• Yes but on the other hand I was planning to moving to continuous colouring, in which the first type of optimization would not be so straightforward anymore. Reusing pixels already calculated when zooming I was planning to do... At high zooms strategies like this, en.wikipedia.org/wiki/…, can greatly benefit performance. But my main question was more centered on my Rcpp code as such, and less on the further algorithmic optimizations one could do, which are numerous of course.... And in R the main bottleneck seems just the display – Tom Wenseleers Jan 3 '18 at 20:22
  • I never filled contour areas with colour, only with iterations. Colouring algorithms are another matter. – Weather Vane Jan 3 '18 at 20:34
  • Well not really because one then no longer uses the simple escape time algo, and one no gets continuous numbers back as opposed to fixed nrs of iterations, as explained in en.wikipedia.org/wiki/… – Tom Wenseleers Jan 3 '18 at 20:36
  • See here for a Python code example: ibm.com/developerworks/community/blogs/jfp/entry/… of the two approaches... – Tom Wenseleers Jan 3 '18 at 20:39
4

Do not use OpenMP with Rcpp's *Vector or *Matrix objects as they mask SEXP functions / memory allocations that are single-threaded. OpenMP is a multi-threaded approach.

This is why the code is crashing.

One way to get around this limitation is to use a non-R data structure to store the results. One of the following will be sufficient: arma::mat or Eigen::MatrixXd or std::vector<T>... As I favor armadillo, I will change the res matrix to arma::mat from Rcpp::NumericMatrix. Thus, the following will execute your code in parallel:

#include <RcppArmadillo.h> // Note the changed include and new attribute
// [[Rcpp::depends(RcppArmadillo)]]

// Avoid including header if openmp not on system
#ifdef _OPENMP
#include <omp.h>
#endif
// [[Rcpp::plugins(openmp)]]

// Note the changed return type
// [[Rcpp::export]]
arma::mat mandelRcpp(const double x_min, const double x_max,
                     const double y_min, const double y_max,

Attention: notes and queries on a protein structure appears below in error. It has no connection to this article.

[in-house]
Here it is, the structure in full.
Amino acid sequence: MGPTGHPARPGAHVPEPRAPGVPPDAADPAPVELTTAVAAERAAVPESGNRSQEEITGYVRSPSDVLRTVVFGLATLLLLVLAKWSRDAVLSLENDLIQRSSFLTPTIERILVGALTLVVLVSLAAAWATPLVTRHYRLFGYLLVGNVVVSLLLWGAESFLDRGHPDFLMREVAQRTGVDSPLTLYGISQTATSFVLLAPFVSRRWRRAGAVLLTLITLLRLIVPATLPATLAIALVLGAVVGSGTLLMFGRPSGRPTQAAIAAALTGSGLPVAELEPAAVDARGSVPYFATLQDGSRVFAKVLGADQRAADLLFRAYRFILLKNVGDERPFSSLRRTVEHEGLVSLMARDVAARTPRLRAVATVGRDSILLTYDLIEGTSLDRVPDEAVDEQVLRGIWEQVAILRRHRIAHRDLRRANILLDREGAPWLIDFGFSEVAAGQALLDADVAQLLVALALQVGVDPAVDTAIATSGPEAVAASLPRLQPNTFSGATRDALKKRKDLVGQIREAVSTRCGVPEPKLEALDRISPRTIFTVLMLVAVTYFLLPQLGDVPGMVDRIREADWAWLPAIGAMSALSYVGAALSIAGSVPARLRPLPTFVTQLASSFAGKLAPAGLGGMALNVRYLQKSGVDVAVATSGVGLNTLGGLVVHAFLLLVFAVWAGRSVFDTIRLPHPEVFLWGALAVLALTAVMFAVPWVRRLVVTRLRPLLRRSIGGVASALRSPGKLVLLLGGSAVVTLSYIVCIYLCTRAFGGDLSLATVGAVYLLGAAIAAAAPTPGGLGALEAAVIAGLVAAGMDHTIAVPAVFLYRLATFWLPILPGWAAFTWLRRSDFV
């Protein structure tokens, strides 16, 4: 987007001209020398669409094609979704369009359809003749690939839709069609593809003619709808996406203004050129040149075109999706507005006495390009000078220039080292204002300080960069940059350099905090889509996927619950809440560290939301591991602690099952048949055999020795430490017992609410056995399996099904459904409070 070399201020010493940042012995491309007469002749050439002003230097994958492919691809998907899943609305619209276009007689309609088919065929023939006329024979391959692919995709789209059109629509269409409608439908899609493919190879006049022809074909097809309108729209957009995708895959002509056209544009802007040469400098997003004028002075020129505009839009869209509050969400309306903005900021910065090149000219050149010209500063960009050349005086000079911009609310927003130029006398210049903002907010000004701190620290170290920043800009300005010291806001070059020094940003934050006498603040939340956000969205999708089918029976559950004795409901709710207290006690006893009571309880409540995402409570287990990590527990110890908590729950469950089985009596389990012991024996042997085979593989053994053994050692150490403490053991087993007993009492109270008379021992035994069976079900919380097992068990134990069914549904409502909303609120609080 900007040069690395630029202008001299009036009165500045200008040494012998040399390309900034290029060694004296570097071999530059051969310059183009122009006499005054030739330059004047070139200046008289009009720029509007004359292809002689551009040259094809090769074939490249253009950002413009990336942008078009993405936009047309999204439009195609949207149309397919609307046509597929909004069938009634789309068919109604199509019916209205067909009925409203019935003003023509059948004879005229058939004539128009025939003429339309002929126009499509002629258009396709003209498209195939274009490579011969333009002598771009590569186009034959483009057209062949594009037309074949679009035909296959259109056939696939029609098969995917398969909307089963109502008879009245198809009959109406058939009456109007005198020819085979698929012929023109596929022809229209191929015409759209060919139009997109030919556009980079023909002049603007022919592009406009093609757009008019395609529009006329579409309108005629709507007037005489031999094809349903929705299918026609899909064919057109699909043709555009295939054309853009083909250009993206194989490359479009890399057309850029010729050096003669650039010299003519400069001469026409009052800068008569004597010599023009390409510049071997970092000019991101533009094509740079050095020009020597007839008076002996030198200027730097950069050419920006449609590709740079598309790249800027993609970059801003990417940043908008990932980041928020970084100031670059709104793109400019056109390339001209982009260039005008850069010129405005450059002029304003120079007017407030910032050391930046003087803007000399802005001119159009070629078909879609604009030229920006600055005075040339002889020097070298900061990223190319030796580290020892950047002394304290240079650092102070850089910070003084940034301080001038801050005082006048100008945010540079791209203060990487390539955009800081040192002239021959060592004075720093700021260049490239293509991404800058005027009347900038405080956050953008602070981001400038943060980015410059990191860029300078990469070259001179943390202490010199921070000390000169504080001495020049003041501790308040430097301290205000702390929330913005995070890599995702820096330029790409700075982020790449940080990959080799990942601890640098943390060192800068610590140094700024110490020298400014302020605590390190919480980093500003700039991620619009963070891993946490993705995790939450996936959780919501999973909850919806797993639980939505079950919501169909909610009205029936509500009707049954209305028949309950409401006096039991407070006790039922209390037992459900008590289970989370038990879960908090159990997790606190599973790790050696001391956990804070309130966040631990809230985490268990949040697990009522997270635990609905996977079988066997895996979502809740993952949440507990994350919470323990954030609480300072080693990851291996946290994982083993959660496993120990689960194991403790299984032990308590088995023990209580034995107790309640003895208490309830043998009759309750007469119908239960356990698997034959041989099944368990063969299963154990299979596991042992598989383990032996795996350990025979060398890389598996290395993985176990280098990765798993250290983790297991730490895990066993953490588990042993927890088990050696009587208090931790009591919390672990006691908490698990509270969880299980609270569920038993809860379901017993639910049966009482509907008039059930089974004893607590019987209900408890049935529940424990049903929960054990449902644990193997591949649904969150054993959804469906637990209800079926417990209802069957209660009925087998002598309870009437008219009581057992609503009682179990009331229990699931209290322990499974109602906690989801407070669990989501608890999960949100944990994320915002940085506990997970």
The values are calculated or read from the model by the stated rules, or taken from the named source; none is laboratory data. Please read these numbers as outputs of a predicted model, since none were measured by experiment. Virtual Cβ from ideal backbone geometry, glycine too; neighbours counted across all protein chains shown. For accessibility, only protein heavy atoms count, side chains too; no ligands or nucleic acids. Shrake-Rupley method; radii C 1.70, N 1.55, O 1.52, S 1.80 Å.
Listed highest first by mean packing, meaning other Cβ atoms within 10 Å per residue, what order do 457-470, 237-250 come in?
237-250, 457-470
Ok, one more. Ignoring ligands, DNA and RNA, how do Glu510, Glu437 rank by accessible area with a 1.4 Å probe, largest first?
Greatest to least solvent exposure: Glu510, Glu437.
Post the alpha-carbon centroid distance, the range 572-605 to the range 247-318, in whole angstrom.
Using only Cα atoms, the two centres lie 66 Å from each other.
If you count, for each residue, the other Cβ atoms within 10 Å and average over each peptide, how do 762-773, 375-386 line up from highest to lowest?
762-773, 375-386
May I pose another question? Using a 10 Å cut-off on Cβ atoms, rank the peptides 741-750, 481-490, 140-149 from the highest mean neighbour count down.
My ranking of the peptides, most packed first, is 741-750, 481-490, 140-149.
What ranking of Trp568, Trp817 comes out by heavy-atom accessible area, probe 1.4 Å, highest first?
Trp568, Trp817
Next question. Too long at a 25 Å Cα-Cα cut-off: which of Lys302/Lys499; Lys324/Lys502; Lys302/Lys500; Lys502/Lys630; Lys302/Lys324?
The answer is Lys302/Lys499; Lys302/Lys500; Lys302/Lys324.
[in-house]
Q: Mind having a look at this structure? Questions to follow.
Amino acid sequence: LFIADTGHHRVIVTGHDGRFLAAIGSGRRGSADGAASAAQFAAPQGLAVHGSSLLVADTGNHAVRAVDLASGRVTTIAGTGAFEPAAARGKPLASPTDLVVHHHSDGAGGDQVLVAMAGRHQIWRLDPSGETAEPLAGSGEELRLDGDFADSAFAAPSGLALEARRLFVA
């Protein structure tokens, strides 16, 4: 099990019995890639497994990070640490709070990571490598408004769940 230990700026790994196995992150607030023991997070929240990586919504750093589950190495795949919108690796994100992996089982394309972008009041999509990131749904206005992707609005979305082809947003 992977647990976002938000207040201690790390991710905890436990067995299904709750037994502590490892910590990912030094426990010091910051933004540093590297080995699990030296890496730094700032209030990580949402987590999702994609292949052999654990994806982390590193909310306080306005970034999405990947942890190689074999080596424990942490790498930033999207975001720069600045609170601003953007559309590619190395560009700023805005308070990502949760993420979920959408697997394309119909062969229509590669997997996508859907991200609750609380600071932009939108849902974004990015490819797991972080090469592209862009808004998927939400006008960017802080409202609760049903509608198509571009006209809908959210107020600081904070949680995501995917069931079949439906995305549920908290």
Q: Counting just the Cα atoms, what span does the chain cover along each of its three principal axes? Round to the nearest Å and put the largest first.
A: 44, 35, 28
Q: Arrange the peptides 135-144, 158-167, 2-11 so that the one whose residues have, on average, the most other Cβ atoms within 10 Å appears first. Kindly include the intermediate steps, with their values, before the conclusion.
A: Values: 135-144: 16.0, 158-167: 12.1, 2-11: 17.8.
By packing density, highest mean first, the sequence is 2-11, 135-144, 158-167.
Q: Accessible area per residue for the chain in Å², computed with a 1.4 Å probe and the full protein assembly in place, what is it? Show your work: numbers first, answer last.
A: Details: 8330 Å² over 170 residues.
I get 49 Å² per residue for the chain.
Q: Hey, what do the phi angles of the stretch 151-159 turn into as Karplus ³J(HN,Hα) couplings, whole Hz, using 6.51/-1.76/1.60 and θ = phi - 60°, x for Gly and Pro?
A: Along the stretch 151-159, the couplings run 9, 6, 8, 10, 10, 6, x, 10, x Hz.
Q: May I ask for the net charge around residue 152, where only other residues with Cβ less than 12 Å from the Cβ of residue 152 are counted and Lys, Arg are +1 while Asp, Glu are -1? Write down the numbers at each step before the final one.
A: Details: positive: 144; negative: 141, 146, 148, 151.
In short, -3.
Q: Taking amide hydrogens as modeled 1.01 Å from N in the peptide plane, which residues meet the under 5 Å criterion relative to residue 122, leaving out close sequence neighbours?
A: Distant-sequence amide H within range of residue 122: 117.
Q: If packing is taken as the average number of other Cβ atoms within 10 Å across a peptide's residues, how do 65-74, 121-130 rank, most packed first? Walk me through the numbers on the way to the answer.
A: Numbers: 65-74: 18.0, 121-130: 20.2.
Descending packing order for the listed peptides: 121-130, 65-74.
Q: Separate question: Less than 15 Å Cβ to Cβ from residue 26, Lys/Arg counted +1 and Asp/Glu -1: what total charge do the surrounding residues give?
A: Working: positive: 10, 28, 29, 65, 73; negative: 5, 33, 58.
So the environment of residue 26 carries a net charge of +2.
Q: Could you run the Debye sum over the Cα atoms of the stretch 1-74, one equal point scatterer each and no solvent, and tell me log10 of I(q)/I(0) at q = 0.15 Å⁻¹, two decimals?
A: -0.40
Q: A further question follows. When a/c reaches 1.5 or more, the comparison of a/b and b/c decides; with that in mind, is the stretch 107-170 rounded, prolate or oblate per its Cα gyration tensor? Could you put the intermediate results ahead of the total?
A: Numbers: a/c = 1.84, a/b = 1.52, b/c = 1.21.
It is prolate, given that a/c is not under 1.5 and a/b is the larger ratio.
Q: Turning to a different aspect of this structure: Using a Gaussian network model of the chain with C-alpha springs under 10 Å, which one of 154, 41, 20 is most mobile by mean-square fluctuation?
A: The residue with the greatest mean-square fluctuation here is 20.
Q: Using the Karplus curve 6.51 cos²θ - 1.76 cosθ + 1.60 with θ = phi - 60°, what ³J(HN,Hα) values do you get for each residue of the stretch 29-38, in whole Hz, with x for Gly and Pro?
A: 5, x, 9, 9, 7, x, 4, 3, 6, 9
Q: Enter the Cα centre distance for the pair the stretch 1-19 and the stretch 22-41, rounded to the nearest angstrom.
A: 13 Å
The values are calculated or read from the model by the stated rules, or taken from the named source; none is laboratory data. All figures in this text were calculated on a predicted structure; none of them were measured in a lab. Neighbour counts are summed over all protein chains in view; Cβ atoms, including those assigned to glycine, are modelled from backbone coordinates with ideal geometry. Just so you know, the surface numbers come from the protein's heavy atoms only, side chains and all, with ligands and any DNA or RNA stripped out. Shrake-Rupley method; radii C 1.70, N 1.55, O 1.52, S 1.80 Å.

const int res_x, const int res_y, const int nb_iter) {
  arma::mat ret(res_x, res_y); // note change
  double x_step = (x_max - x_min) / res_x;
  double y_step = (y_max - y_min) / res_y;
  unsigned r,c;

  #pragma omp parallel for shared(res)
  for (r = 0; r < res_y; r++) {
    for (c = 0; c < res_x; c++) {
      double zx = 0.0, zy = 0.0, new_zx;
      double cx = x_min + c*x_step, cy = y_min + r*y_step;
      unsigned n = 0;
      for (;  (zx*zx + zy*zy < 4.0 ) && ( n < nb_iter ); n++ ) {
        new_zx = zx*zx - zy*zy + cx;
        zy = 2.0*zx*zy + cy;
        zx = new_zx;
      }

      if(n == nb_iter) {
        n = 0;
      }

      ret(r, c) = n;
    }
  }

  return ret;
}

With the test code (note y and x were not defined, thus I assumed y = ylims and x = xlims) we have:

xlims = ylims = c(-2.0, 2.0)

x_res = y_res = 400L
nb_iter = 256L

system.time(m <-
              mandelRcpp(xlims[[1]], xlims[[2]],
                         ylims[[1]], ylims[[2]], 
                         x_res, y_res, nb_iter))

rainbow = c(
  rgb(0.47, 0.11, 0.53),
  rgb(0.27, 0.18, 0.73),
  rgb(0.25, 0.39, 0.81),
  rgb(0.30, 0.57, 0.75),
  rgb(0.39, 0.67, 0.60),
  rgb(0.51, 0.73, 0.44),
  rgb(0.67, 0.74, 0.32),
  rgb(0.81, 0.71, 0.26),
  rgb(0.89, 0.60, 0.22),
  rgb(0.89, 0.39, 0.18),
  rgb(0.86, 0.13, 0.13)
)

cols = c(colorRampPalette(rainbow)(100),
         rev(colorRampPalette(rainbow)(100)),